Between 1707 and 1857, Delhi was a hotbed of political intrigue and power struggles—the Mughal Empire was on the decline and the British East India Company was emerging as a formidable power. In 1857, these tensions would culminate in the Mutiny that led to the end of Mughal dominion and the beginning of the British Raj. But this turbulent epoch also witnessed a burst of artistic innovation and experimentation.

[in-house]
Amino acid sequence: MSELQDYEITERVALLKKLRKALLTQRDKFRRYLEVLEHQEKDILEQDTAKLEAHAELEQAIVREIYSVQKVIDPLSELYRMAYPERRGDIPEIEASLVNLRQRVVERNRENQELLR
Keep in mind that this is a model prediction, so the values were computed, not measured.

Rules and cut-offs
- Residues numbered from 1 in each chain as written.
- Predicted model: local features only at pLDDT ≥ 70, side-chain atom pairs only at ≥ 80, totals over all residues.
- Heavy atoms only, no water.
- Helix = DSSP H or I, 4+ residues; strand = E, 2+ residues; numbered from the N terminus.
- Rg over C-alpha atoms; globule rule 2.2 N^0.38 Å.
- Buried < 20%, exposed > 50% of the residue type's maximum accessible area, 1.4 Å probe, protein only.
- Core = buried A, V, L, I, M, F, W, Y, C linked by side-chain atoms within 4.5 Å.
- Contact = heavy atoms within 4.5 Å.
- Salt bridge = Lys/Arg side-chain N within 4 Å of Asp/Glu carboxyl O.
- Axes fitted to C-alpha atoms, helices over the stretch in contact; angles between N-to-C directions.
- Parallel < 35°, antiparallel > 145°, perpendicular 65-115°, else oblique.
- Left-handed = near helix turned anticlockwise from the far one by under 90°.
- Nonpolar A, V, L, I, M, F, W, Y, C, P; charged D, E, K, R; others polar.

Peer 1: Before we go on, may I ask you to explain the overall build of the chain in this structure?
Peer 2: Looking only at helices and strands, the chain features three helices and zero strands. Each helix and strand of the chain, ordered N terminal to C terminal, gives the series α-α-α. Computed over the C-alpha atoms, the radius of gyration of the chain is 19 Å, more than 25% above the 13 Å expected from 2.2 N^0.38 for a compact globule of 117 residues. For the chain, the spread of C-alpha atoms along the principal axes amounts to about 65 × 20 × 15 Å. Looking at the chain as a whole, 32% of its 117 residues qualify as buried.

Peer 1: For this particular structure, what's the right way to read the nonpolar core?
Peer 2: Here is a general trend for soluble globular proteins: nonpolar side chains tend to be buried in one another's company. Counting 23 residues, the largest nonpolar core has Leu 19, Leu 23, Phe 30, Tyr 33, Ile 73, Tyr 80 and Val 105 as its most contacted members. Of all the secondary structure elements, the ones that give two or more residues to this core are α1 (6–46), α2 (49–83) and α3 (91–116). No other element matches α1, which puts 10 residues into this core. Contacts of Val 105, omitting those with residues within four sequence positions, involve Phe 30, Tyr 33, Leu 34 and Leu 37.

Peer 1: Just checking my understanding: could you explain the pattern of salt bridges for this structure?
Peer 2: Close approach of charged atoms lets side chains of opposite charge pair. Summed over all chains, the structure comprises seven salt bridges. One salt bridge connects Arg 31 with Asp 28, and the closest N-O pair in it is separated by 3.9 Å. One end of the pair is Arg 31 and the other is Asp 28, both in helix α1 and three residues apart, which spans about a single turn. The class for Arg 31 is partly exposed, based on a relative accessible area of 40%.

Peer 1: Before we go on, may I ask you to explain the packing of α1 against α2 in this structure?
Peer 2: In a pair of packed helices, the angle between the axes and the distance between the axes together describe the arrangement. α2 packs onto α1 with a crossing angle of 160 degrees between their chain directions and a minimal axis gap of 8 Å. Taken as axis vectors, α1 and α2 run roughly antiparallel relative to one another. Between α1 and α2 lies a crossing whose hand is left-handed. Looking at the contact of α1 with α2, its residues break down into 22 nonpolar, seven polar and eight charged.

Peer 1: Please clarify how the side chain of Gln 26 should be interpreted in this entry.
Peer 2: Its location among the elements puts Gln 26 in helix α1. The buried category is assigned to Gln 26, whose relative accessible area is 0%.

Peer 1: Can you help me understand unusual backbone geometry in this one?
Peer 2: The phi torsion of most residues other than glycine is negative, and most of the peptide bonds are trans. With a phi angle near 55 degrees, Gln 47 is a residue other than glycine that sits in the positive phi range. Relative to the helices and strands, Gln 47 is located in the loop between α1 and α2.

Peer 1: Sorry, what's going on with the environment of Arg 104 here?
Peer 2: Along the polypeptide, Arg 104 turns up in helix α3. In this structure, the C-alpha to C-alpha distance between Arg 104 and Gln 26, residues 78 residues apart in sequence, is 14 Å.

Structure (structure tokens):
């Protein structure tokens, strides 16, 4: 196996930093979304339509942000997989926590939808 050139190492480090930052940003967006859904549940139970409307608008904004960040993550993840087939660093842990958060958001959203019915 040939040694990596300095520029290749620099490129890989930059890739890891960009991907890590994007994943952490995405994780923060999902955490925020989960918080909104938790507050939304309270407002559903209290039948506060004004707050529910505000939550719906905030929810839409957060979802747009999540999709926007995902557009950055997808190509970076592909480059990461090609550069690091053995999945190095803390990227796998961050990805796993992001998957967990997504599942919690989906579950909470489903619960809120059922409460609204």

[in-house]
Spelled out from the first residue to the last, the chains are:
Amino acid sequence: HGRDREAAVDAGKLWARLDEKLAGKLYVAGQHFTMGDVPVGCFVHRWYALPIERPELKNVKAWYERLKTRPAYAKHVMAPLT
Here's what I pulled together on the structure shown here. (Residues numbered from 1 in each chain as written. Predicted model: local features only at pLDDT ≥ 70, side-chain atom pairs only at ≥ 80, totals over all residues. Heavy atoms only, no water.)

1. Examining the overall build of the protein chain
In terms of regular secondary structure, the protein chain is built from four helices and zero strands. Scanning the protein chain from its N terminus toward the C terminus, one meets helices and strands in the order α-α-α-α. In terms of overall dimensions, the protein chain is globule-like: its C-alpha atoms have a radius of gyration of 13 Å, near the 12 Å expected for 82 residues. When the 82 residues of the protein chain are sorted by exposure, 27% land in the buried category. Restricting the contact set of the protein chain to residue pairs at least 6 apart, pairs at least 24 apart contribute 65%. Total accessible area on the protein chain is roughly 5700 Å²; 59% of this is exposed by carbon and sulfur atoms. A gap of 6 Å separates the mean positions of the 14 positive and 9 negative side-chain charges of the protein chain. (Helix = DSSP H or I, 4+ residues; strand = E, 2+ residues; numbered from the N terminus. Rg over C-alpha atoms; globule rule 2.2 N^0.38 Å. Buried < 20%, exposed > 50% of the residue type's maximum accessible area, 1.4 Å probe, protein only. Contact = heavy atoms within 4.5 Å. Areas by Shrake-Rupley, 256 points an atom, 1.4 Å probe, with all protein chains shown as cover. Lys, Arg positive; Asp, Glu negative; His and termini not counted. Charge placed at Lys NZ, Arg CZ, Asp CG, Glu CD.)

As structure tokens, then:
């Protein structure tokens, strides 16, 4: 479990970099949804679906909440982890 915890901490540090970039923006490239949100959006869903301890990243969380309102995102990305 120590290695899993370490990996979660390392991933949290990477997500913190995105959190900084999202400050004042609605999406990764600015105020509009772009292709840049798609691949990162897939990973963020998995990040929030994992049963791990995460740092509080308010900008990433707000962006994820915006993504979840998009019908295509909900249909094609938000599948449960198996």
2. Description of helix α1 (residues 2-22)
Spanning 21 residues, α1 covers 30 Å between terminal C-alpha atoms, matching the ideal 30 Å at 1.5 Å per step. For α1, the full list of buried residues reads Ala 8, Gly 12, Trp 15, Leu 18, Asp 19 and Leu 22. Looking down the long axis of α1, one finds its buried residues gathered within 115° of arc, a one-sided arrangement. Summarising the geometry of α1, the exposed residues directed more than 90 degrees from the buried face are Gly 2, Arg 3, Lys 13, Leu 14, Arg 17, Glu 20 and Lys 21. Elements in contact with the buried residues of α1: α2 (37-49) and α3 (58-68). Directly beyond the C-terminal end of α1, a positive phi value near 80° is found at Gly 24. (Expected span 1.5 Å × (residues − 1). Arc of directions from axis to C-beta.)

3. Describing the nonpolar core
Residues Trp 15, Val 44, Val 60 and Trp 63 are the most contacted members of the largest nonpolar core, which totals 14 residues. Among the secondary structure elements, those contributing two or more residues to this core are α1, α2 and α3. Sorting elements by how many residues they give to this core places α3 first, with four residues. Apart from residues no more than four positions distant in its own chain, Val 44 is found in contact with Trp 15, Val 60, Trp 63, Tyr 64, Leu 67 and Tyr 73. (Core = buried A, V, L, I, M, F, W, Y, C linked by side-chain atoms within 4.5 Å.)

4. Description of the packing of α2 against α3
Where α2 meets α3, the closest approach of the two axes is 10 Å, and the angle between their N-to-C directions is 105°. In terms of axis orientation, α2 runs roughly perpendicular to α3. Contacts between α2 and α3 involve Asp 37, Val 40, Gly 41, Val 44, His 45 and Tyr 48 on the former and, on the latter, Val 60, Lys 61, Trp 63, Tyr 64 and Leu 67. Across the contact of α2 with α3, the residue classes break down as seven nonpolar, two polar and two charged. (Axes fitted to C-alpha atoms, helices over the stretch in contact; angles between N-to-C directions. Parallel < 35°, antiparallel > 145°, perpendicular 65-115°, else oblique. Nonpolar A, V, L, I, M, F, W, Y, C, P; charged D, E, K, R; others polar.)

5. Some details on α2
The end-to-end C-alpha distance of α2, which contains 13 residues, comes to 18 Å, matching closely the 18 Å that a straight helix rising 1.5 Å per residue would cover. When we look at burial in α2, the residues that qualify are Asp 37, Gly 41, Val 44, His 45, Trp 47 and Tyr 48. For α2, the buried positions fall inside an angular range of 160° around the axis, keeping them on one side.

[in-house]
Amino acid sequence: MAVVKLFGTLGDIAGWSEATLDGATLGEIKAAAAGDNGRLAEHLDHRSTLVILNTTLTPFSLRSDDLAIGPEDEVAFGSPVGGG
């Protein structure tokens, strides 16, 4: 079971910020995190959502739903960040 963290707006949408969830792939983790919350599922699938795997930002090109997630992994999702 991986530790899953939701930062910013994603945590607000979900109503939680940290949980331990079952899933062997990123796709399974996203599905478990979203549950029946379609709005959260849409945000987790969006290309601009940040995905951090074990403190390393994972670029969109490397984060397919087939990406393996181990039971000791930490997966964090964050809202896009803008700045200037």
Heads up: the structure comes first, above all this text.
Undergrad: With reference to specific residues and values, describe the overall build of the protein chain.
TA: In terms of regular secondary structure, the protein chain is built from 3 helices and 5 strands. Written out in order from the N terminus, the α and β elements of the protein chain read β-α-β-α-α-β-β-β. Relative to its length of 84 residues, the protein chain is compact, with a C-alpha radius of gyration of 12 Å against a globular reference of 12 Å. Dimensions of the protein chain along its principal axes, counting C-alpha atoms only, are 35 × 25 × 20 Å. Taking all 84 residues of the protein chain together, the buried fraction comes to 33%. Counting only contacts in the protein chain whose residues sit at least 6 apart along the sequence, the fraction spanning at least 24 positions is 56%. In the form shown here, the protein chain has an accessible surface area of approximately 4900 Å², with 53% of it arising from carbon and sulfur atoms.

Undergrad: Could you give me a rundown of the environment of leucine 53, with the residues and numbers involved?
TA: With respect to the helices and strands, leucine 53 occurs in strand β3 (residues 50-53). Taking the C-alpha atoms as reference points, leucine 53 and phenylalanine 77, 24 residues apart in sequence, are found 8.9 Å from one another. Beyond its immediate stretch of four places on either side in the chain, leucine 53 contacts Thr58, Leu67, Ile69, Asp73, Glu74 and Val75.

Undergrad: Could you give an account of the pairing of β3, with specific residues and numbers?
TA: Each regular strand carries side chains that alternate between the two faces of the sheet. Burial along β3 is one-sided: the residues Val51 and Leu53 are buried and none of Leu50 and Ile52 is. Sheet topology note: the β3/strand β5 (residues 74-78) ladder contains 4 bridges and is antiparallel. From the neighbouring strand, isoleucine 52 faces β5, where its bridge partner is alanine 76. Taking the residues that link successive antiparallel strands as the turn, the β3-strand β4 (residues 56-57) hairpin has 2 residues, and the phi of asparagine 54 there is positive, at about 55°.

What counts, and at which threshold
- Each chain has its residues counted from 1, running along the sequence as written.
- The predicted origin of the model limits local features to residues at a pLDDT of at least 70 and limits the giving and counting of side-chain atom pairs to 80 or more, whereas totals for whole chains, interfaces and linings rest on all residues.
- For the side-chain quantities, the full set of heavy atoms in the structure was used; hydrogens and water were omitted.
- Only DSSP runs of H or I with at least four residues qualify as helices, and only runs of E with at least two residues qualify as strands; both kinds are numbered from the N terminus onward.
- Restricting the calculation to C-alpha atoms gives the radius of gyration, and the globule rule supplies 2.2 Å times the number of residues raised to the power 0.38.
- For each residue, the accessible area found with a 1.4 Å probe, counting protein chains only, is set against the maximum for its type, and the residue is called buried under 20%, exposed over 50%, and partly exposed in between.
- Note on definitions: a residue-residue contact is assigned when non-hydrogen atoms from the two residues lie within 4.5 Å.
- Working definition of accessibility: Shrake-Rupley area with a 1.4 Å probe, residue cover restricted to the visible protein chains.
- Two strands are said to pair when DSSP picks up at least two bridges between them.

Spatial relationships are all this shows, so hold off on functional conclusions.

Delhi’s artists were increasingly employed by Company officials as well as the Mughal and regional courts, and thus became adept at improvising with a variety of techniques, creating traditional miniatures while continually experimenting with new European styles. Art historians are only now coming to recognize the richness and ingenuity of the work created in this period. With insightful essays by distinguished scholars, Princes and Painters is a stunning visual document of eighteenth- and nineteenth-century Delhi.